Victor DeNoble has been speaking to students around the United States about nicotine addiction since the mid-1990s, adressing about 300,000 students per year. On Wednesday, he spoke in Dillingham.
San Diego-based researcher Victor DeNoble was in Dillingham yesterday to talk with students and the community about the science behind nicotine addiction. He spoke to students from third to 12th grade during a school assembly and to the broader community during an evening presentation.
“The takeaway message is that nicotine is a drug. It changes the way a person’s brain works. This is a serious disease,” said DeNoble. “It’s a biological addiction, so I’m trying to get people to understand that this is something that needs to be treated in a very different way than just a habit.
DeNoble’s passion for the topic arises from his background in research for the Phillip Morris Research Center in the 1980s.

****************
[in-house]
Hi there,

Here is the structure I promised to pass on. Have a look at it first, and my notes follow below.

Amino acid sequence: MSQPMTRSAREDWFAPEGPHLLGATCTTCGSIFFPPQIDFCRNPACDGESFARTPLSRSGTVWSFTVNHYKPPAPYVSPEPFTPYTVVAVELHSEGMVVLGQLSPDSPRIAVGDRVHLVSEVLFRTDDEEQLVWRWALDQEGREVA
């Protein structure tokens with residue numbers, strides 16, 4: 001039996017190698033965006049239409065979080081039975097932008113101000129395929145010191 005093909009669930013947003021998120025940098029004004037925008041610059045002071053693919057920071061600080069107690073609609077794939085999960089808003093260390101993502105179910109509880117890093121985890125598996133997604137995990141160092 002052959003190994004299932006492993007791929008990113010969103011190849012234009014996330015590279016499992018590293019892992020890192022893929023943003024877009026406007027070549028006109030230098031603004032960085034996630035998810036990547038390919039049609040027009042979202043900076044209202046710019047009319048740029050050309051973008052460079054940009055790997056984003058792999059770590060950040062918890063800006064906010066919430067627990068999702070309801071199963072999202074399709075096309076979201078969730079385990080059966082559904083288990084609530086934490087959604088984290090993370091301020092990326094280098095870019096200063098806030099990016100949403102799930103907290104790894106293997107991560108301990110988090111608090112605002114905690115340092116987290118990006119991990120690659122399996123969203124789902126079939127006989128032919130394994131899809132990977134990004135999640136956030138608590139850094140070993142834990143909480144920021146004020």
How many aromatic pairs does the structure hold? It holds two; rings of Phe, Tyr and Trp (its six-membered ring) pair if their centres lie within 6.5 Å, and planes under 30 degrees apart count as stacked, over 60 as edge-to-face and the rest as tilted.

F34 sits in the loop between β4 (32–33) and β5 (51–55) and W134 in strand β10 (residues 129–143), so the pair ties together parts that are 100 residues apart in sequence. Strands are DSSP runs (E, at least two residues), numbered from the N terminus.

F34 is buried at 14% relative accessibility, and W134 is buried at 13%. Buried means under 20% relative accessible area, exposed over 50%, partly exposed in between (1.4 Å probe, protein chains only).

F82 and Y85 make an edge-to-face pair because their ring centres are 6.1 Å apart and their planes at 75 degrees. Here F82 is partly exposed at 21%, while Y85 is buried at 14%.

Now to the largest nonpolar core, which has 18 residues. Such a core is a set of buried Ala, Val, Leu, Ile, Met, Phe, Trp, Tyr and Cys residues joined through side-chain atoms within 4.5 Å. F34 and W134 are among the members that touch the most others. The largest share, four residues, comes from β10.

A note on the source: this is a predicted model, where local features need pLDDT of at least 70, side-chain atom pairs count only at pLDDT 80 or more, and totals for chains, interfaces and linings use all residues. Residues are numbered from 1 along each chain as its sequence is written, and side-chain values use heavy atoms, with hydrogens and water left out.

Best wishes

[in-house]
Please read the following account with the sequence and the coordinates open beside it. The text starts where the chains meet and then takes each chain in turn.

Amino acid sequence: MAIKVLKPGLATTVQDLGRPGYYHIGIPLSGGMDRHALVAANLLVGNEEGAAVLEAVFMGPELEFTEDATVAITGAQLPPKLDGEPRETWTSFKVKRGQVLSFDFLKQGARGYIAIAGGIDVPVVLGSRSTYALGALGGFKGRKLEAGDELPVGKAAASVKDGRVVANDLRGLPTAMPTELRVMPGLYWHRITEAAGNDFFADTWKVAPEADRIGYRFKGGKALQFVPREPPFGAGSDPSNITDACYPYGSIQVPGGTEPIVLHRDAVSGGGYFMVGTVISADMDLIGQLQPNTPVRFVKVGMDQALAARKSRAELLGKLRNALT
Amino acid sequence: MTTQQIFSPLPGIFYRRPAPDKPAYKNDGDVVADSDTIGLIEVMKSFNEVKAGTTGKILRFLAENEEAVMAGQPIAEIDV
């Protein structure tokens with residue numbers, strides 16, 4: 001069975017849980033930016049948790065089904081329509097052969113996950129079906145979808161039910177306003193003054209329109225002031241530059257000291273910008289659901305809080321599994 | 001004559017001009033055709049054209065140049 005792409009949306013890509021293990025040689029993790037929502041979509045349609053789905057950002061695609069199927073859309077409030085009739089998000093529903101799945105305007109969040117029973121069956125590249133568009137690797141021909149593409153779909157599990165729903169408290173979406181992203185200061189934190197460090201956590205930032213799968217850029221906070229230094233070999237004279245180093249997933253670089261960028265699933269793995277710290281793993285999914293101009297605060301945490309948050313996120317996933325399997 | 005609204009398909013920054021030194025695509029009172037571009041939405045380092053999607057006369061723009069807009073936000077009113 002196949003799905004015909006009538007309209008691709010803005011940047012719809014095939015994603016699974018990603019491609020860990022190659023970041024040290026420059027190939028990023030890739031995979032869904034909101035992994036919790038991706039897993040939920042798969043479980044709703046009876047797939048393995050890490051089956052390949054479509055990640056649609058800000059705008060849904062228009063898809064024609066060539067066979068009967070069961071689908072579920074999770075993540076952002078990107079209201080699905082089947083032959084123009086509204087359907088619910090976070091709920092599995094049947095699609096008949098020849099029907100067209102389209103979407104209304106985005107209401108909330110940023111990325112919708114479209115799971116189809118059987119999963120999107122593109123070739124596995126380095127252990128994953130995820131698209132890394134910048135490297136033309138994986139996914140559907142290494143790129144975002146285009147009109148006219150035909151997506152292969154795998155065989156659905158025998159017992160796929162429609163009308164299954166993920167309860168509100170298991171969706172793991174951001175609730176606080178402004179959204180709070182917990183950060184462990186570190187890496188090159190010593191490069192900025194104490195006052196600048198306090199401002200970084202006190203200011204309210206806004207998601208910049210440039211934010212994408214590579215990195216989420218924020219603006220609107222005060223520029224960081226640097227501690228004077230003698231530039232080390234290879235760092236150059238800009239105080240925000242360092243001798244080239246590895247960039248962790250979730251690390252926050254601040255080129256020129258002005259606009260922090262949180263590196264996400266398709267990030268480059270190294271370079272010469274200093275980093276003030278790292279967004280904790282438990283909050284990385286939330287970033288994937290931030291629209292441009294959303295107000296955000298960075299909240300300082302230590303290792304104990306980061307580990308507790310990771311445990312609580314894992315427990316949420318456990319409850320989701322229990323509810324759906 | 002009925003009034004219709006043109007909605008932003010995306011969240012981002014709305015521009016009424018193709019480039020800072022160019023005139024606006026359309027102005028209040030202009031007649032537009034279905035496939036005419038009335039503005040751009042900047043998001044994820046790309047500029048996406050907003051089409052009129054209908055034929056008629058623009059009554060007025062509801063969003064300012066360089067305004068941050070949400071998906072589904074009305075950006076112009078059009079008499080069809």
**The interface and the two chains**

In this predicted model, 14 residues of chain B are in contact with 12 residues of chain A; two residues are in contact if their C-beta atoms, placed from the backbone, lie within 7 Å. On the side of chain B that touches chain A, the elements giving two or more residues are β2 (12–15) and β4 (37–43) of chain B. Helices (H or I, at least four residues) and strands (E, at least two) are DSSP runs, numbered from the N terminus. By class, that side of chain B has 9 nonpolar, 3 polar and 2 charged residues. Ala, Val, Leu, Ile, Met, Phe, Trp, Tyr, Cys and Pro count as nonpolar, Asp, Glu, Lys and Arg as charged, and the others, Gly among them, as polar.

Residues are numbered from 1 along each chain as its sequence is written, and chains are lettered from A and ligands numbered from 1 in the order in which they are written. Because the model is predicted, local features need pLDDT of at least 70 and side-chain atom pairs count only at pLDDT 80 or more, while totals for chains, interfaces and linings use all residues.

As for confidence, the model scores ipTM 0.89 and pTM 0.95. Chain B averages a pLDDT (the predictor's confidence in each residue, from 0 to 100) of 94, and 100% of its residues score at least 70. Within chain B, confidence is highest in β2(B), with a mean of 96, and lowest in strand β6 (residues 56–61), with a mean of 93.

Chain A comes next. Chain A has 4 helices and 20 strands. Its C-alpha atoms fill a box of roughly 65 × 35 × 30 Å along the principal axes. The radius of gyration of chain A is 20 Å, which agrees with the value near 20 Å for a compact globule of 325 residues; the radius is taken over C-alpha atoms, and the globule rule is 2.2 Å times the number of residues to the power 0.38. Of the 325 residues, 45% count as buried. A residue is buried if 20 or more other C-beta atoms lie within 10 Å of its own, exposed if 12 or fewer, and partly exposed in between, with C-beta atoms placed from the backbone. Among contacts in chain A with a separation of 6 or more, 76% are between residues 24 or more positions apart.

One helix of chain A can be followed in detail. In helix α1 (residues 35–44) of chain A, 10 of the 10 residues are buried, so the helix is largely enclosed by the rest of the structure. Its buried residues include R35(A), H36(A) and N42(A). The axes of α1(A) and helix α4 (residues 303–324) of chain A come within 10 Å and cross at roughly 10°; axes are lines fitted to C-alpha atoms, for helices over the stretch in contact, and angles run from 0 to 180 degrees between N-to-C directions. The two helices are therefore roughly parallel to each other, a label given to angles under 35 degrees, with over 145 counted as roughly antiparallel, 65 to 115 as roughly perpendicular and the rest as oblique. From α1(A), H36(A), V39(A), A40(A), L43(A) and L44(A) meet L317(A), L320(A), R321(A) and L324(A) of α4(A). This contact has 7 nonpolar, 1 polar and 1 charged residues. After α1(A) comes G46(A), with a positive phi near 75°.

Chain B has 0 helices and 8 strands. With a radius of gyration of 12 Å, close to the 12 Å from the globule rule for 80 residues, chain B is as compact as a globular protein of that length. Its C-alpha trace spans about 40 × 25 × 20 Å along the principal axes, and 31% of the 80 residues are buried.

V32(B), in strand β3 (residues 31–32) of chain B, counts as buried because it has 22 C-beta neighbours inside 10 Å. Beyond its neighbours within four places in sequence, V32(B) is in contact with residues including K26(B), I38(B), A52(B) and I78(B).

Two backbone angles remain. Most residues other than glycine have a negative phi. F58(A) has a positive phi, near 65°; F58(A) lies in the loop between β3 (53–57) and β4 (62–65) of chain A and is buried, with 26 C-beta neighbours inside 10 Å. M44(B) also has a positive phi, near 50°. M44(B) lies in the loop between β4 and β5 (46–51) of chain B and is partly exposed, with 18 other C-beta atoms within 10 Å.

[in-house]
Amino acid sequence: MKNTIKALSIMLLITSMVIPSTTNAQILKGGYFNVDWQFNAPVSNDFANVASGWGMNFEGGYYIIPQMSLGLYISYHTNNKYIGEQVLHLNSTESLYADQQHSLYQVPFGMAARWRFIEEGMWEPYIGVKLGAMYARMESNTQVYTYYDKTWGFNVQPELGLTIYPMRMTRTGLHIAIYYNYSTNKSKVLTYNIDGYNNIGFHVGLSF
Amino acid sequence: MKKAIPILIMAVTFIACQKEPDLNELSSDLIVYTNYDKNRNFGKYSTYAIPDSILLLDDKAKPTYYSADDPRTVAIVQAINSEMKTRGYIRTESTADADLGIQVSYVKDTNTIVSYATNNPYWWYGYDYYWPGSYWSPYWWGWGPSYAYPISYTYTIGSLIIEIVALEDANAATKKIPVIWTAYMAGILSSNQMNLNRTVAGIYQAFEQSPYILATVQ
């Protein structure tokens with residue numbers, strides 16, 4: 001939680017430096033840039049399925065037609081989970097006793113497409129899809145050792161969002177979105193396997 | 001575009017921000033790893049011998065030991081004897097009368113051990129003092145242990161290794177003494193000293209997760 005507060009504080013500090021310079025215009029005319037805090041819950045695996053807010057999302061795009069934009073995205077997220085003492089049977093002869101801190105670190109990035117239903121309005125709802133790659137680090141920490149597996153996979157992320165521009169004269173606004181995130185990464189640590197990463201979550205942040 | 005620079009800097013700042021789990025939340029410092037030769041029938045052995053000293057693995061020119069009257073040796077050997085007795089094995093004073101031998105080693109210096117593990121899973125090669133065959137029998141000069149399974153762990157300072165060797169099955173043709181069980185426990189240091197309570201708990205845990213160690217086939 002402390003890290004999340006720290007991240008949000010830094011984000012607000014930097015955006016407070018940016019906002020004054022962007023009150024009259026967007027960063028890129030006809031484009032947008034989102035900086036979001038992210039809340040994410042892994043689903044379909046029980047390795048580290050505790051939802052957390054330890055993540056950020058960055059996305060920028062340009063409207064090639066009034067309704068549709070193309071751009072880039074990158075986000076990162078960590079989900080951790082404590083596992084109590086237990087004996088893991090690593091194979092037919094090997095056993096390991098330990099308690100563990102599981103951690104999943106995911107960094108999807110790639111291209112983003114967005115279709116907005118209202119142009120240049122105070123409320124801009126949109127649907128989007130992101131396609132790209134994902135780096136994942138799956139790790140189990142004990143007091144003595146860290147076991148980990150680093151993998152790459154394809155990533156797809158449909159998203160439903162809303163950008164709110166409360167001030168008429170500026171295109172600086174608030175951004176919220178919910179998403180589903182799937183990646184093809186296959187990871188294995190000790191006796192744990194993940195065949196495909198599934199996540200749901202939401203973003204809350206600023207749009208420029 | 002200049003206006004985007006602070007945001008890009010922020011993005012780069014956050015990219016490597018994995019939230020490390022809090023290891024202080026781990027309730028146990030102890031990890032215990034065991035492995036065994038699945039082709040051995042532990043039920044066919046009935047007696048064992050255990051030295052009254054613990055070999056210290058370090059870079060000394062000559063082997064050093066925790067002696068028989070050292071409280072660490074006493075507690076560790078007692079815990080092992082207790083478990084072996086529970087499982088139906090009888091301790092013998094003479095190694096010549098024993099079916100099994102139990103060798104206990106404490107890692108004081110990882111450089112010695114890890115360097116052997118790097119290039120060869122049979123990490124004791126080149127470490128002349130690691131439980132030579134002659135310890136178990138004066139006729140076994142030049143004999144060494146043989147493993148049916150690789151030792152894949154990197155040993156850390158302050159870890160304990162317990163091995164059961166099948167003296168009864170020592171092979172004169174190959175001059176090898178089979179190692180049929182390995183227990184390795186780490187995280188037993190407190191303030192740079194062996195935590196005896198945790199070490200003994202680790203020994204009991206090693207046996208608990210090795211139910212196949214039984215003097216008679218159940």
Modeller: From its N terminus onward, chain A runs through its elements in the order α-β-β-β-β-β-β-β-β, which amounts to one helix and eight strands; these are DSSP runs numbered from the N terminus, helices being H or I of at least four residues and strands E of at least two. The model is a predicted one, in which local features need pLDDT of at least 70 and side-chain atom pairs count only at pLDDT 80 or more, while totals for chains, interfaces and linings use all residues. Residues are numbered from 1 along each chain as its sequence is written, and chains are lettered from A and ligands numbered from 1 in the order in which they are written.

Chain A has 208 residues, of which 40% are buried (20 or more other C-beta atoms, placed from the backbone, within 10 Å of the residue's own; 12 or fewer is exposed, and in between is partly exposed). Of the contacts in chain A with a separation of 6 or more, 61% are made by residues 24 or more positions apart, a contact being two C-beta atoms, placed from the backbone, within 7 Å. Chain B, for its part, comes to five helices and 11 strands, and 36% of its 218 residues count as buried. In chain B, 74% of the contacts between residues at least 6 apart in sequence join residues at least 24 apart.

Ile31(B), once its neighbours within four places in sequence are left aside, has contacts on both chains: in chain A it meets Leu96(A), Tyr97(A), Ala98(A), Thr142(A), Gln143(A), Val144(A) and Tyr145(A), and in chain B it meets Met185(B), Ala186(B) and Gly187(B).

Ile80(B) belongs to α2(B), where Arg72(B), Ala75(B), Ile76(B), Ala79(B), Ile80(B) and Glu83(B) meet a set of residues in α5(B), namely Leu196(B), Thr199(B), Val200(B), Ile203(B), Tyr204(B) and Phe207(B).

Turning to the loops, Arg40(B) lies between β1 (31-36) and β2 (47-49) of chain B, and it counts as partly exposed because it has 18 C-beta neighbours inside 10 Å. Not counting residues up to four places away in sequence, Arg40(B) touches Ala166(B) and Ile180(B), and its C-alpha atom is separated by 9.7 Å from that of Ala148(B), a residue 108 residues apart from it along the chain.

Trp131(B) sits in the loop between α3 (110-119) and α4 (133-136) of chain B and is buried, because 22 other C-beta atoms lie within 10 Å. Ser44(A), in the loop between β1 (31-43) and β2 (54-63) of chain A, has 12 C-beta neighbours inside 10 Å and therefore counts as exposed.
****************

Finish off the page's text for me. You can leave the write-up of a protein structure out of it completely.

“I was hired by Phillip Morris Tobacco in 1980 to remove nicotine [from cigarettes] because nicotine causes heart disease and to replace it with a drug that wouldn’t cause heart disease. We actually found a drug that would do that, and instead of using that drug they buried it, and they fired us. We were silenced for a decade by a secrecy agreement. Scientists want to do things to help people. My decision is to come out here and say, ‘This is what happened. This is the real story. You as a citizen make your own decision,’” said DeNoble.
This presentation on his experiences with the tobacco industry and on the nature of nicotine addiction is one that he delivers to an average of 300,000 students a year around the United States.
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